Photography is a mix of Cornish views, moody landscapes, and cleverly photographed food shots, reflecting the sentiments of the season; bright for Spring, warm for Summer and cool blue for Winter.
So what did Joe Biden eat at that day that so entranced him at the G7 dinner at the Eden Project? Well, the menu for that day included Spiced Melon, Gazpacho, Coconut and high note herbs, for the starter, followed by a main of Turbot Roasted on the Bone with Cornish New Potatoes and Wild Garlic Pesto with Greens from local Padstow kitchen gardens.
A Cornish cheese course featured Cornish Yarg and Helford Blue, while for dessert there will be Strawberry Pavlova, followed by Petit Fours of Clotted Cream Fudge and a Mini-Clotted Cream Ice Cream Cone with Chocolate Earl Grey Truffles. With that running order of essential British flavours mixing with some tropical notes as you might expect in the Cornwall, a place where palm trees thrive in the long summer days and lush grass produces the creamiest milk.
So, yes, I would certainly have reached for this book, whether of not Joe Biden had personally applauded the chef’s work.
PORT ISAAC MACKEREL WITH A RAW SALAD OF COURGETTES, CHILLI, NASTURTIUM FLOWERS AND ROCKET
1 courgette (zucchini), cut into ribbons
1 fresh red chilli, deseeded and finely chopped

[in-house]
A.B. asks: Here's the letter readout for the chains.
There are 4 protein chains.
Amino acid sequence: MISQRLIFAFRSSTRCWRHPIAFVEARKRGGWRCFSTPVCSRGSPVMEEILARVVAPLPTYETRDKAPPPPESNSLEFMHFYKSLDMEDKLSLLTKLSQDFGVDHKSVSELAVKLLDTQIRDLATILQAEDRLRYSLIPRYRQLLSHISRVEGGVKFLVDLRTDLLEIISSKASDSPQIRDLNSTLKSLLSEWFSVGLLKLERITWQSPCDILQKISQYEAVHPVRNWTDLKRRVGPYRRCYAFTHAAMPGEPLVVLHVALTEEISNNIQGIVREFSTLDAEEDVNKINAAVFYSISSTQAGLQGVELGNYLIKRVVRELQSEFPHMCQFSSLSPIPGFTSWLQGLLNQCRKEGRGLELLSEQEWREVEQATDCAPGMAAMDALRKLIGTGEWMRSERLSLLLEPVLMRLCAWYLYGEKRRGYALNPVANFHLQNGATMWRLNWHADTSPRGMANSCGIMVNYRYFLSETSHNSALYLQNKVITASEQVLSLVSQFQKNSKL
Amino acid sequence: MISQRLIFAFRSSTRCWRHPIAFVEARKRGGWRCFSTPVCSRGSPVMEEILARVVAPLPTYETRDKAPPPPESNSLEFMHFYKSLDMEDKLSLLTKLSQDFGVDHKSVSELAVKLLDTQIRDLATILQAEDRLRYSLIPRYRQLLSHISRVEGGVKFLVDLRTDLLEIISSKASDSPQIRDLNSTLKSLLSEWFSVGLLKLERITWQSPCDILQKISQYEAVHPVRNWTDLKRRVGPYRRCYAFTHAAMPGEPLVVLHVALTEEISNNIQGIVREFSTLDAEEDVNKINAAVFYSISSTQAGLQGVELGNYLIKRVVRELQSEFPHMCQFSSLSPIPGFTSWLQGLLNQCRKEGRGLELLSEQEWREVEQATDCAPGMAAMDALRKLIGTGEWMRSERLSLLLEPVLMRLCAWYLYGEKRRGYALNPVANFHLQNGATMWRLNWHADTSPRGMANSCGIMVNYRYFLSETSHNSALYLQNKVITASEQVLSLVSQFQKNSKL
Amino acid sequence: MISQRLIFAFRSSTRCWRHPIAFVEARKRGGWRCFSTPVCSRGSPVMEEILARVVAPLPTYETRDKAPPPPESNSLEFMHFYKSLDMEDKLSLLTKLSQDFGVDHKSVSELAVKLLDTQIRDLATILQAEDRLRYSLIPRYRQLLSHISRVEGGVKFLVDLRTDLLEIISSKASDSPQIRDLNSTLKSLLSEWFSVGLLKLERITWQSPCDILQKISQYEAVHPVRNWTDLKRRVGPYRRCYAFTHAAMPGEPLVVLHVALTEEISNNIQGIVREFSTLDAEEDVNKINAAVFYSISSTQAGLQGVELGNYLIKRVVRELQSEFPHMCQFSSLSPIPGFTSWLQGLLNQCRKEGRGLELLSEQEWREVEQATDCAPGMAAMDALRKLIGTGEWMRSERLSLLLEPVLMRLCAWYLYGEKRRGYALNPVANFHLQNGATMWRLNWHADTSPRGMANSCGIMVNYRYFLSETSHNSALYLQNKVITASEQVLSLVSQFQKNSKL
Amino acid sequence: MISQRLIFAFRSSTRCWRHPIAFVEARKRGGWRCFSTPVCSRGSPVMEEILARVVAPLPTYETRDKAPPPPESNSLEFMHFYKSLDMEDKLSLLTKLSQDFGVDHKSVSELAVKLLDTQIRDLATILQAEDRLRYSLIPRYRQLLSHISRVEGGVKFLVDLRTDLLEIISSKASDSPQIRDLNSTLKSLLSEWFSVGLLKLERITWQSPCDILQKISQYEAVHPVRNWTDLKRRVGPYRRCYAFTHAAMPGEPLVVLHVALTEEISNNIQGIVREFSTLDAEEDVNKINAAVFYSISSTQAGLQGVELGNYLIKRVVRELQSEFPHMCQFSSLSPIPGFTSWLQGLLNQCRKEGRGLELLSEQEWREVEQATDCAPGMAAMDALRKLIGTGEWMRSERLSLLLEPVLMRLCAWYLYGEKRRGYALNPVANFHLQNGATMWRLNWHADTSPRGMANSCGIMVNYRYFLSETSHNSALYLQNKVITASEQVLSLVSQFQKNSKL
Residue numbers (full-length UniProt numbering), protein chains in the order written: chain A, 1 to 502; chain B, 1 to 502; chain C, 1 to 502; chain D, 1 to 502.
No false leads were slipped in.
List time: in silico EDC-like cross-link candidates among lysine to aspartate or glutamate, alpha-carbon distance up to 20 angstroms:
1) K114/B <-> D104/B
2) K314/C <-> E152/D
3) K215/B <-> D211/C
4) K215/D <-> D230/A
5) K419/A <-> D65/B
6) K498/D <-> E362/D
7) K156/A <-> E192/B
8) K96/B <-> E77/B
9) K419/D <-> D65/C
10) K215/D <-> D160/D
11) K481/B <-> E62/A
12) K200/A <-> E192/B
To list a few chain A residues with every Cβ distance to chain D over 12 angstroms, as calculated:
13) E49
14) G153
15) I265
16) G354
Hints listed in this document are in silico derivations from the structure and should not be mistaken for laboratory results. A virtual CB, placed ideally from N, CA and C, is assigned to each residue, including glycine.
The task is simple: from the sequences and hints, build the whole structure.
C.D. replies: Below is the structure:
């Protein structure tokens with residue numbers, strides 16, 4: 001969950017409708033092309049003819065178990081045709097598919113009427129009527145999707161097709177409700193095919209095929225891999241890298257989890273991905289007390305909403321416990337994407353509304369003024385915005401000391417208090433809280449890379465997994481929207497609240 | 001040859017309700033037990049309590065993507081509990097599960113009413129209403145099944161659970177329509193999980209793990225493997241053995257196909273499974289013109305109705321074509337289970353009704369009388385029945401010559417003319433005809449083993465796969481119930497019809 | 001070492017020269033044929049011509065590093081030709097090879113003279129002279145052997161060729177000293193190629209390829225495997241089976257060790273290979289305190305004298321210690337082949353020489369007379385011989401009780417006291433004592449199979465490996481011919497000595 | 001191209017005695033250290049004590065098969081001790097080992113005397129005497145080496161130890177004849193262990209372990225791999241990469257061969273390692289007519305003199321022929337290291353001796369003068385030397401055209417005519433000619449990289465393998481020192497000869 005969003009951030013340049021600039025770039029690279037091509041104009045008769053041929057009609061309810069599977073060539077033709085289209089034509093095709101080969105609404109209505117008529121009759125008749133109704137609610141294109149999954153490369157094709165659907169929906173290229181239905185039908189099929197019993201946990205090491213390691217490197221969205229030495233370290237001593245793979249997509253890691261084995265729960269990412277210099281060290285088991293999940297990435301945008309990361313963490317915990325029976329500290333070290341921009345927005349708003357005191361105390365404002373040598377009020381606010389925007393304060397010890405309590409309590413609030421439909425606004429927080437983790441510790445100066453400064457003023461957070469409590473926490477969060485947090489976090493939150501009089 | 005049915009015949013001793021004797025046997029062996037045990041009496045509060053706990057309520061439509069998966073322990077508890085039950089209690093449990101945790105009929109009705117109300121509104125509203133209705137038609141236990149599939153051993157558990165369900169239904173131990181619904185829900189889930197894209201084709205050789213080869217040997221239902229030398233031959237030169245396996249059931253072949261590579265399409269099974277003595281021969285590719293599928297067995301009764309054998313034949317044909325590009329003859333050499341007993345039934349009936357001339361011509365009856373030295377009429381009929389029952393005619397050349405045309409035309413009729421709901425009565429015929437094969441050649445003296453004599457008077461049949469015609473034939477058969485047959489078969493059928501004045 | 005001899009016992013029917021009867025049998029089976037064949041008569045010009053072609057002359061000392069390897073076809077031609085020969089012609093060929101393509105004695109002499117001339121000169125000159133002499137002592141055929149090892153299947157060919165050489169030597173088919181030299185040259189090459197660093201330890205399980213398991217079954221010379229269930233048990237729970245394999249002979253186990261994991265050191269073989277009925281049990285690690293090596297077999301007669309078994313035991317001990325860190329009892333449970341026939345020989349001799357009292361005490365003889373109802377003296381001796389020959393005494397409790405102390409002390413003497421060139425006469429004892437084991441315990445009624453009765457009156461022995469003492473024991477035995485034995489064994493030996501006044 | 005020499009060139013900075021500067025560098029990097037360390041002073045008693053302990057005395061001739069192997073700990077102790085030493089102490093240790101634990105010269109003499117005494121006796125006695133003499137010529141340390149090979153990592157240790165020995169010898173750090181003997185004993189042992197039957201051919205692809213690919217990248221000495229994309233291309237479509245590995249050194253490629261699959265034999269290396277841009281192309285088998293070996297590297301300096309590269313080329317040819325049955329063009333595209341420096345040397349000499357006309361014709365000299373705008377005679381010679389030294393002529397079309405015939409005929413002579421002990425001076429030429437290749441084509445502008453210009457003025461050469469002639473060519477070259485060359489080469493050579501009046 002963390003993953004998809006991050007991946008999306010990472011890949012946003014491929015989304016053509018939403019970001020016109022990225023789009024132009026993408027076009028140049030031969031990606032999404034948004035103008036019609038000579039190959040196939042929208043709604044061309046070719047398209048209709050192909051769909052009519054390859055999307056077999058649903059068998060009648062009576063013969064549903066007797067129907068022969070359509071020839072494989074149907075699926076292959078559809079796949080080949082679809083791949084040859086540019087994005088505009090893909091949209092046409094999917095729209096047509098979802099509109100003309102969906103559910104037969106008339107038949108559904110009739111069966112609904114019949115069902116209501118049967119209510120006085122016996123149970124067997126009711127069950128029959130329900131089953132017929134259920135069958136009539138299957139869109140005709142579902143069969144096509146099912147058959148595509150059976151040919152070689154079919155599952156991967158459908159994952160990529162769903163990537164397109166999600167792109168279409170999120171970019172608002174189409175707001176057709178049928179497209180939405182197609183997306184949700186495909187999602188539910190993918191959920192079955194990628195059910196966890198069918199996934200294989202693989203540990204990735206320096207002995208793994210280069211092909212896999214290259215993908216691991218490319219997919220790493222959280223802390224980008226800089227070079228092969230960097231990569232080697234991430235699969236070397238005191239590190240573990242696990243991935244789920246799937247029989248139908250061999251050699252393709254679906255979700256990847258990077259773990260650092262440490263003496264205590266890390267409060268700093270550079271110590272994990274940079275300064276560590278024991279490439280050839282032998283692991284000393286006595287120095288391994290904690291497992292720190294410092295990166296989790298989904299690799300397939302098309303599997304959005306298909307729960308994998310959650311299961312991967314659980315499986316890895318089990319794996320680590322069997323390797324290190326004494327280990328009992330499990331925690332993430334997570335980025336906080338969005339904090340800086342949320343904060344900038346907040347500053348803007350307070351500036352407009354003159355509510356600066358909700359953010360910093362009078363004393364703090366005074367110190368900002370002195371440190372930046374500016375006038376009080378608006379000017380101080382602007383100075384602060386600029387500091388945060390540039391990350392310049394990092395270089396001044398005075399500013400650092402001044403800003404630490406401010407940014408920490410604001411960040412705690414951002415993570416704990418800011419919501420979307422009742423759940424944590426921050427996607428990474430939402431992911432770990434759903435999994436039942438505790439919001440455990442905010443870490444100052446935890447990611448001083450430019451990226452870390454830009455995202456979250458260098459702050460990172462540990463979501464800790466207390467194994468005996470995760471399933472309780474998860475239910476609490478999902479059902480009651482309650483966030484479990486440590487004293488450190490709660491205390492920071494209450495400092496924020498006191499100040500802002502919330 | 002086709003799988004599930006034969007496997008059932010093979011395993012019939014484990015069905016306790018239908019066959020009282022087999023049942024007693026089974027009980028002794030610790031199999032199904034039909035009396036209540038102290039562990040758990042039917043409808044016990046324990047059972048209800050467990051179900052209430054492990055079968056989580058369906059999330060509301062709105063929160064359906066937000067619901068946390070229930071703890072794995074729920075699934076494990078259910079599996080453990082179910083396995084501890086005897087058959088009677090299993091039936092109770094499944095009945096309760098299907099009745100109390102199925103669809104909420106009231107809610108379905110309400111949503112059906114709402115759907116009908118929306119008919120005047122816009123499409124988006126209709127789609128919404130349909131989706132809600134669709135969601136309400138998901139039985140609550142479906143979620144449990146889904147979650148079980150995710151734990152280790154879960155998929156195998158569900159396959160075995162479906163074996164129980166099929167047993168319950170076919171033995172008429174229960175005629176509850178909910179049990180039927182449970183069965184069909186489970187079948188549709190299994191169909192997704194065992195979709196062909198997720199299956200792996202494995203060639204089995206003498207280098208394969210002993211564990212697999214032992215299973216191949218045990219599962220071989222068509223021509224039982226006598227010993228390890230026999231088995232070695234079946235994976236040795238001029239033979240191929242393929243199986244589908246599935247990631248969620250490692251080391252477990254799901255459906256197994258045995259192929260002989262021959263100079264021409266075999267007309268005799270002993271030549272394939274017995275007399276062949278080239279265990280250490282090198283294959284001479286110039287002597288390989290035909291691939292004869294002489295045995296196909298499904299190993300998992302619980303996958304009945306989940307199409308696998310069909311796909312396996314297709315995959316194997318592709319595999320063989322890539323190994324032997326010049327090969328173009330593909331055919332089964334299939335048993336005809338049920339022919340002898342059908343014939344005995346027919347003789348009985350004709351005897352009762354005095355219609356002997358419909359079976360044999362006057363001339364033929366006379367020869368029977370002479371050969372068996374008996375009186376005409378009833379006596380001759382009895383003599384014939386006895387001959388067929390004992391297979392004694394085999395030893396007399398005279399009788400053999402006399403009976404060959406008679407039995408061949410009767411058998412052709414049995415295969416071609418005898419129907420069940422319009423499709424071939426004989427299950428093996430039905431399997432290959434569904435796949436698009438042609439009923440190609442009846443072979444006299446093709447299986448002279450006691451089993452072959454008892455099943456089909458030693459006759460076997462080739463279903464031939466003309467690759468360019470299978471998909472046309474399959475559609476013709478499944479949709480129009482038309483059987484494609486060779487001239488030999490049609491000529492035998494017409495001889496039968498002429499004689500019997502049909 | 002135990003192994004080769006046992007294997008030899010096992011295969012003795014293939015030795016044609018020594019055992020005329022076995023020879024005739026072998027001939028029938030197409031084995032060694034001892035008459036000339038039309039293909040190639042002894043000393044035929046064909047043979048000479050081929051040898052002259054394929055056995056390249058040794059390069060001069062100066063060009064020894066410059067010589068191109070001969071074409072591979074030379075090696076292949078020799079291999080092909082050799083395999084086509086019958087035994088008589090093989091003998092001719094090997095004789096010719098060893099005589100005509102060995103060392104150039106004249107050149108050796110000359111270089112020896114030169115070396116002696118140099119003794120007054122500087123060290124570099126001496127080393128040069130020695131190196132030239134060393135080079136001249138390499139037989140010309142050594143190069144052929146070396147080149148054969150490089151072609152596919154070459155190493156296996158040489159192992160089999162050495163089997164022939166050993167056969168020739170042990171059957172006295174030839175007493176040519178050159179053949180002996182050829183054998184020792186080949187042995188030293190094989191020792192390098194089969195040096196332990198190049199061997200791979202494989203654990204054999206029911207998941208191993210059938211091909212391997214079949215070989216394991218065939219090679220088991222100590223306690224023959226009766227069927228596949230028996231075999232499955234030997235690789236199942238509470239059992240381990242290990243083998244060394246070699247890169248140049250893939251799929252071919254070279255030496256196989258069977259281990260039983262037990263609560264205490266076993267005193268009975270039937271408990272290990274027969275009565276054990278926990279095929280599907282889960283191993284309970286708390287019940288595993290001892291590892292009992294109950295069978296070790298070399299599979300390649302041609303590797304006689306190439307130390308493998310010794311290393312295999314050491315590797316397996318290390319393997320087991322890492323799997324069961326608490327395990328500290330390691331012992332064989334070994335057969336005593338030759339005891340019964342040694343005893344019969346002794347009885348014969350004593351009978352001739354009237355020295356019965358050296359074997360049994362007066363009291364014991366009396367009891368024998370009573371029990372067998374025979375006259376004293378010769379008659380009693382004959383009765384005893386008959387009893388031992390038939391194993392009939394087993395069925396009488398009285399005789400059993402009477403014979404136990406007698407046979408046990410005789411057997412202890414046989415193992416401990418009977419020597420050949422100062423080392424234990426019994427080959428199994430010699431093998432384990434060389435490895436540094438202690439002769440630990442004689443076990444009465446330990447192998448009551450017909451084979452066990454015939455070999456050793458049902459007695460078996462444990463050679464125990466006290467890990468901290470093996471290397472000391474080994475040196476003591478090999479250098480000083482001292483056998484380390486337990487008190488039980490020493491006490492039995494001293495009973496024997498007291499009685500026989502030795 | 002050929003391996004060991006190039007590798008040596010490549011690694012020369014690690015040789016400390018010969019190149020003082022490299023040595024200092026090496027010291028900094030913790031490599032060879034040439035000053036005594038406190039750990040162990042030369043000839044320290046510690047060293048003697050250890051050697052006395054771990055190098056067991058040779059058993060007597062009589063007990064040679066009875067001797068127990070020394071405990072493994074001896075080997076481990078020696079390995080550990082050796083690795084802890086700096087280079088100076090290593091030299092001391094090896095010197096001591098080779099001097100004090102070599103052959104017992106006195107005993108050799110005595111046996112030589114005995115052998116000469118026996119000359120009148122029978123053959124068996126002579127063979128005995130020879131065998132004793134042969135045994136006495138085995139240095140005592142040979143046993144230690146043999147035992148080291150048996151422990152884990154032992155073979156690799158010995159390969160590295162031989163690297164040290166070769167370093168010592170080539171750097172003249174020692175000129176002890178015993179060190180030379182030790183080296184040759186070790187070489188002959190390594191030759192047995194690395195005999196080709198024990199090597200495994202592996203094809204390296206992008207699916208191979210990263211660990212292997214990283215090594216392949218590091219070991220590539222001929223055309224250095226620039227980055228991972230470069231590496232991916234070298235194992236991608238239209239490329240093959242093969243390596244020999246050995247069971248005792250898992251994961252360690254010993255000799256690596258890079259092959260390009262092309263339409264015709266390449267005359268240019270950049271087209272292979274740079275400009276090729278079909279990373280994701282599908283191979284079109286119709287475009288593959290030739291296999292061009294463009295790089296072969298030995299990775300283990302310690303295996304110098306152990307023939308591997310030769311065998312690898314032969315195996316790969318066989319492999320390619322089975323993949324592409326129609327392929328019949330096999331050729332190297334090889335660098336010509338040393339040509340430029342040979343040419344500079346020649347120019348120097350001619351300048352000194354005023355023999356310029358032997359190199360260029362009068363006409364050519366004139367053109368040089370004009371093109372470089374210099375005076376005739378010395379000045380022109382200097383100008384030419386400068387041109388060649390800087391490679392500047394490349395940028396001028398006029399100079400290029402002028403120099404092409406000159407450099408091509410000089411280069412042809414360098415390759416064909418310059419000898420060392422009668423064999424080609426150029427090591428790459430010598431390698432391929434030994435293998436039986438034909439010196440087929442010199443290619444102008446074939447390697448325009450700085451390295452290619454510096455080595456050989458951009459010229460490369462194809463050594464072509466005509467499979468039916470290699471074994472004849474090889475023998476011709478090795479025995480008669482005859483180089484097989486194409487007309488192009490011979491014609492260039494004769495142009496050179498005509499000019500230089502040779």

2 lemons: zest and juice of 1; 1 thinly sliced
4 whole mackerel, gutted, cleaned and scaled
a few sprigs of rosemary
olive oil, for drizzling
100 g (31/2 oz) rocket (arugula) leaves
6 nasturtium flowers
Cornish sea salt and freshly ground black pepper
Preheat the grill (broiler) to high.
Place the ribbons of courgette into a bowl, add the chopped chilli and lemon zest, season with sea salt, and set aside.
Season the cavity of each fish and fill with rosemary sprigs and lemon slices.
Rub the skin with a little oil, salt and pepper. Grill (broil) for about 6 minutes on each side, turning occasionally, until the skin is crisp and charred and the flesh is opaque.
Add the rocket leaves to the courgette salad, drizzle with olive oil and a squeeze or two of lemon juice. Gently tear the nasturtiums through the salad and toss to combine.
Place the whole mackerel on a plate with the courgette salad.
This recipe can also be cooked outside on the barbecue or baked in the oven for 10 minutes at 180°C (160°C fan/350°F/Gas 4).
SEA & SHORE by Emily Scott (Hardie Grant, £26). Photography: Kim Lightbody
Recipe courtesy Emily Scott